Jeffrey D. Allred, Deseret News
WEST JORDAN — West Jordan fifth-grader James Blake just wanted to help.
Last December, for his science fair project, he chose the option to do some engineering. The instructions said he had to find a problem and design a solution.
At school, a new TRAX line under construction nearby was all the talk.
“I heard that the children of our school are going to be walking across TRAX,” he said. “If they were like reading a book with earphones on, they could get hit. … It’d be like getting hit by a herd of elephants.”
That certainly seemed like a problem worthy of a science project, he thought.
James didn’t know his quest for a solution would bring him statewide attention, and place him in the middle of an issue that became especially controversial after the death of 15-year-old Shariah Casper on June 8, as she and a friend attempted to cross the new Mid-Jordan TRAX line.
Wednesday night, he will present his solution — two designs for pedestrian crossing arms — to the West Jordan City Council.
Working to solve such problems is a natural fit for the quiet, studious boy with a crew cut and a cowlick, says his mom, Lisa Blake.
“He’s the builder and creator. He’s the kid who takes things apart.”
James’ solution won first place not only at the school and district science fairs, but it took the regional competition held at BYU as well. That was as far as the Jordan School District student could go.
One of the crossing arms he made out of metal erector set strips. As the roadway arm goes down, a similar arm falls the opposite way to block pedestrians.
But he prefers his other solution, he says, because unthinking children can still slip under the arm and end up in front of a UTA train going 65 mph.
That design took three wood ice cream cup spoons painted in red and white stripes. They’re attached to a clothespin that spins around a pole. It's designed to swing out and block pedestrians, more like a door.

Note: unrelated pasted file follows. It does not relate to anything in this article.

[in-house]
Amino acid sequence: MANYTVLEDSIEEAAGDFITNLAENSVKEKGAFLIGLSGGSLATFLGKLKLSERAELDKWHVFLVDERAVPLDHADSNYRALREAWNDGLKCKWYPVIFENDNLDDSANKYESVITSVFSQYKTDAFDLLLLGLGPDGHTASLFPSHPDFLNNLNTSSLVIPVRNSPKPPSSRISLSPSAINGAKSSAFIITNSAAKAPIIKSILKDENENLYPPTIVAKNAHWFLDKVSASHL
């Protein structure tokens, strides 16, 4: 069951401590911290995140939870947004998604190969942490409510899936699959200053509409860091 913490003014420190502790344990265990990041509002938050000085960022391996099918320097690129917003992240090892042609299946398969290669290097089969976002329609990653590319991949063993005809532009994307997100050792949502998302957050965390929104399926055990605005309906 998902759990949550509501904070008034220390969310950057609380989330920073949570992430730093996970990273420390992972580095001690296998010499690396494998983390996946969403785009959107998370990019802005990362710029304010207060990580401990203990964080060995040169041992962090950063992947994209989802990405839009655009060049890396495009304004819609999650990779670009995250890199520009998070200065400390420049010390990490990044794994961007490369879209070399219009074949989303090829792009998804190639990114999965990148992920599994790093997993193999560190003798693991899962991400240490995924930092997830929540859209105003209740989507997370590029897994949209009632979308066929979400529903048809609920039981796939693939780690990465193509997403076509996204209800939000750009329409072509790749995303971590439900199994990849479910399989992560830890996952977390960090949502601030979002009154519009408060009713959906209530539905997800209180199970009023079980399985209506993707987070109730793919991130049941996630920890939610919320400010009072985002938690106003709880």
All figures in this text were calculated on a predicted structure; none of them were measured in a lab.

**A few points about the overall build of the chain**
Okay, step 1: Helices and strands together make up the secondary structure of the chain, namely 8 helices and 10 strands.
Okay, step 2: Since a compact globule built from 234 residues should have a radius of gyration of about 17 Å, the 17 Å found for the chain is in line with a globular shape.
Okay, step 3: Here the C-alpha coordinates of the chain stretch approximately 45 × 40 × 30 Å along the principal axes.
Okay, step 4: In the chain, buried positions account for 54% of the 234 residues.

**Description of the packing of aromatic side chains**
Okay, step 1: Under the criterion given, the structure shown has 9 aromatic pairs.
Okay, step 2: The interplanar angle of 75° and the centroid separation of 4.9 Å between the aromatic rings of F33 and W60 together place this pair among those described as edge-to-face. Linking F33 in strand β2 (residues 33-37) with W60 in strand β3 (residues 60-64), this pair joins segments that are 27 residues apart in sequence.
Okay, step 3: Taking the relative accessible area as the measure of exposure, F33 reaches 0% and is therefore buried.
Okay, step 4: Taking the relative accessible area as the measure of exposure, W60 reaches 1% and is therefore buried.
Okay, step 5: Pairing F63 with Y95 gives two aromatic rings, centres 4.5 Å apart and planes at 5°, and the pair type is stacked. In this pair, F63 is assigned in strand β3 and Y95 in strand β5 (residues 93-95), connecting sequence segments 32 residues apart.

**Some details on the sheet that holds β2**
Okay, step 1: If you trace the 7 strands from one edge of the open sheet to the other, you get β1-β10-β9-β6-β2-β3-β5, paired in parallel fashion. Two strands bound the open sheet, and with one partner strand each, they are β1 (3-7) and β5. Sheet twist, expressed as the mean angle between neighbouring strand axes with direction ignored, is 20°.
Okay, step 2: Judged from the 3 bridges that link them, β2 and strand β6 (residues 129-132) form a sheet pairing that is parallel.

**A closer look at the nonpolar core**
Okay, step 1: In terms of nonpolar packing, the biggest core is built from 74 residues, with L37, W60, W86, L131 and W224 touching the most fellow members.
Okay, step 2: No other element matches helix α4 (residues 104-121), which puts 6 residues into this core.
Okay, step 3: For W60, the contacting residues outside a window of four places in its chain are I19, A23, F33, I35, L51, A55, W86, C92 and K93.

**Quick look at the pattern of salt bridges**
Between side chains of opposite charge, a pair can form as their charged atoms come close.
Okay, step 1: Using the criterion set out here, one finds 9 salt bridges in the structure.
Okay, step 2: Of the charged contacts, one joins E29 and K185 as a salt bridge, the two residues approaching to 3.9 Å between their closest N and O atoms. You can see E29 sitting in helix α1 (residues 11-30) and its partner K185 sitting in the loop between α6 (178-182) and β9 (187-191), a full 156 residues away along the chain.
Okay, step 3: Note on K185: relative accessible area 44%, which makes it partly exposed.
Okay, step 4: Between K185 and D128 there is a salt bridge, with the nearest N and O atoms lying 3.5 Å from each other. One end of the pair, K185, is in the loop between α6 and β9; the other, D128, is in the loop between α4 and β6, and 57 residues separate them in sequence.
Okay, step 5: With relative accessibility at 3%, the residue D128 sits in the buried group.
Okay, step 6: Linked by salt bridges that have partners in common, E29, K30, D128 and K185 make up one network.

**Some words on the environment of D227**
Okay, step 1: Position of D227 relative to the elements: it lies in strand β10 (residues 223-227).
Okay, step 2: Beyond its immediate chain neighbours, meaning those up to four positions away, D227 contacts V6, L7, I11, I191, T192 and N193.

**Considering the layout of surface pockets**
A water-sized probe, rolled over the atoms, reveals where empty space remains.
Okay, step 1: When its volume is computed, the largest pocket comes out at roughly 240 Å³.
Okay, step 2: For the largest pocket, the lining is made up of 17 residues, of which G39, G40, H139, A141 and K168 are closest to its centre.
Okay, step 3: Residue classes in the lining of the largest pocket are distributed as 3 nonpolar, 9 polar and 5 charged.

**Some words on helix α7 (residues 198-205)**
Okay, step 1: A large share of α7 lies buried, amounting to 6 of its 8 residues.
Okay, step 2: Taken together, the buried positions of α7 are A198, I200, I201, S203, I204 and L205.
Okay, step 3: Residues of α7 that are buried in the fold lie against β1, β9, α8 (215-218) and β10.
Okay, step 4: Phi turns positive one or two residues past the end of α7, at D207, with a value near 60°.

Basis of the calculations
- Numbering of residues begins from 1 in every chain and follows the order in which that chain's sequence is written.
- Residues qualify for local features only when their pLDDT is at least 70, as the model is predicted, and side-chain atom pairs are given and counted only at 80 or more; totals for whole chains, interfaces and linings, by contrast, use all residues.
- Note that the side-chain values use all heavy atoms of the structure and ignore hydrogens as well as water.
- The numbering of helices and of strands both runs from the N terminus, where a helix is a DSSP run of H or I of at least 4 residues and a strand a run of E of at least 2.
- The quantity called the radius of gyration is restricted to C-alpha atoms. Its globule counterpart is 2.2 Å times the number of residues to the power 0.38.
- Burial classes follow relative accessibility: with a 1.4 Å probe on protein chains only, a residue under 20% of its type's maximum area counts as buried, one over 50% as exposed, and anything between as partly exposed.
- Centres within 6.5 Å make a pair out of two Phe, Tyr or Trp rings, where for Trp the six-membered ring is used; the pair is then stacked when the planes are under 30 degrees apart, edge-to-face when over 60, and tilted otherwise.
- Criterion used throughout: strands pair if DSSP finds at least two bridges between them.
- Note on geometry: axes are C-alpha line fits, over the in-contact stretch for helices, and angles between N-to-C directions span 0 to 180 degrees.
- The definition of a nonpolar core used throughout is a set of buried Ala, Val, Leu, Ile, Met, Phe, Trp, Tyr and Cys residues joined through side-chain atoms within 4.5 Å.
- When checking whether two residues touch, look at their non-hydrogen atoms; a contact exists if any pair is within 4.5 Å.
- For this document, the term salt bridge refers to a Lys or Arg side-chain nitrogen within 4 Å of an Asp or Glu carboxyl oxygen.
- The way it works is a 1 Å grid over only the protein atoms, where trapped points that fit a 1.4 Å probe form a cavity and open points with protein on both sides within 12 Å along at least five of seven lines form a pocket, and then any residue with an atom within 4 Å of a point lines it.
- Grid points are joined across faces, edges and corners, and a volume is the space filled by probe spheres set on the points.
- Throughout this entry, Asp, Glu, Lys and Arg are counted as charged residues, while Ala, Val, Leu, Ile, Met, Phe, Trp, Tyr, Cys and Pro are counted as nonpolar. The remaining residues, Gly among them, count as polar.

With his old Fisher-Price Geo Trax train set, his grandpa’s electronics lab console and a complicated rigging of electric motors, rubber bands, wheels and string, both crossing arms close as the train approaches.
It’s all triggered by a light sensor, James explains. When the train breaks the beam of light, a relay switch and two AAA batteries set everything in motion.
James’ work even got the attention of a Utah Transit Authority engineer, Lisa Blake said. At the BYU competition, they were told that the engineer wasn’t able to make it to the event but wanted them to send information so he could share it with co-workers.
The Blakes made a video, which is now posted on YouTube, and emailed it to him at UTA. They never heard back.
That was a bit disappointing, the Blakes say.
James’ mother is on the elementary school’s community council and she has also been working on the same problem — not with electronics, but with bureaucracy. She, too, has been disappointed with UTA’s responsiveness to parents’ concerns, she said.
“We just felt like we were being brushed off,” Lisa Blake said. “I was just devastated after that happened to Shariah.”
James’ classmates asked him why he chose such a hard problem for his project.
“I wanted to do something to help,” he said. “I think they need to at least put something in there, if not my design. I just knew at some point it would need to be put in.”
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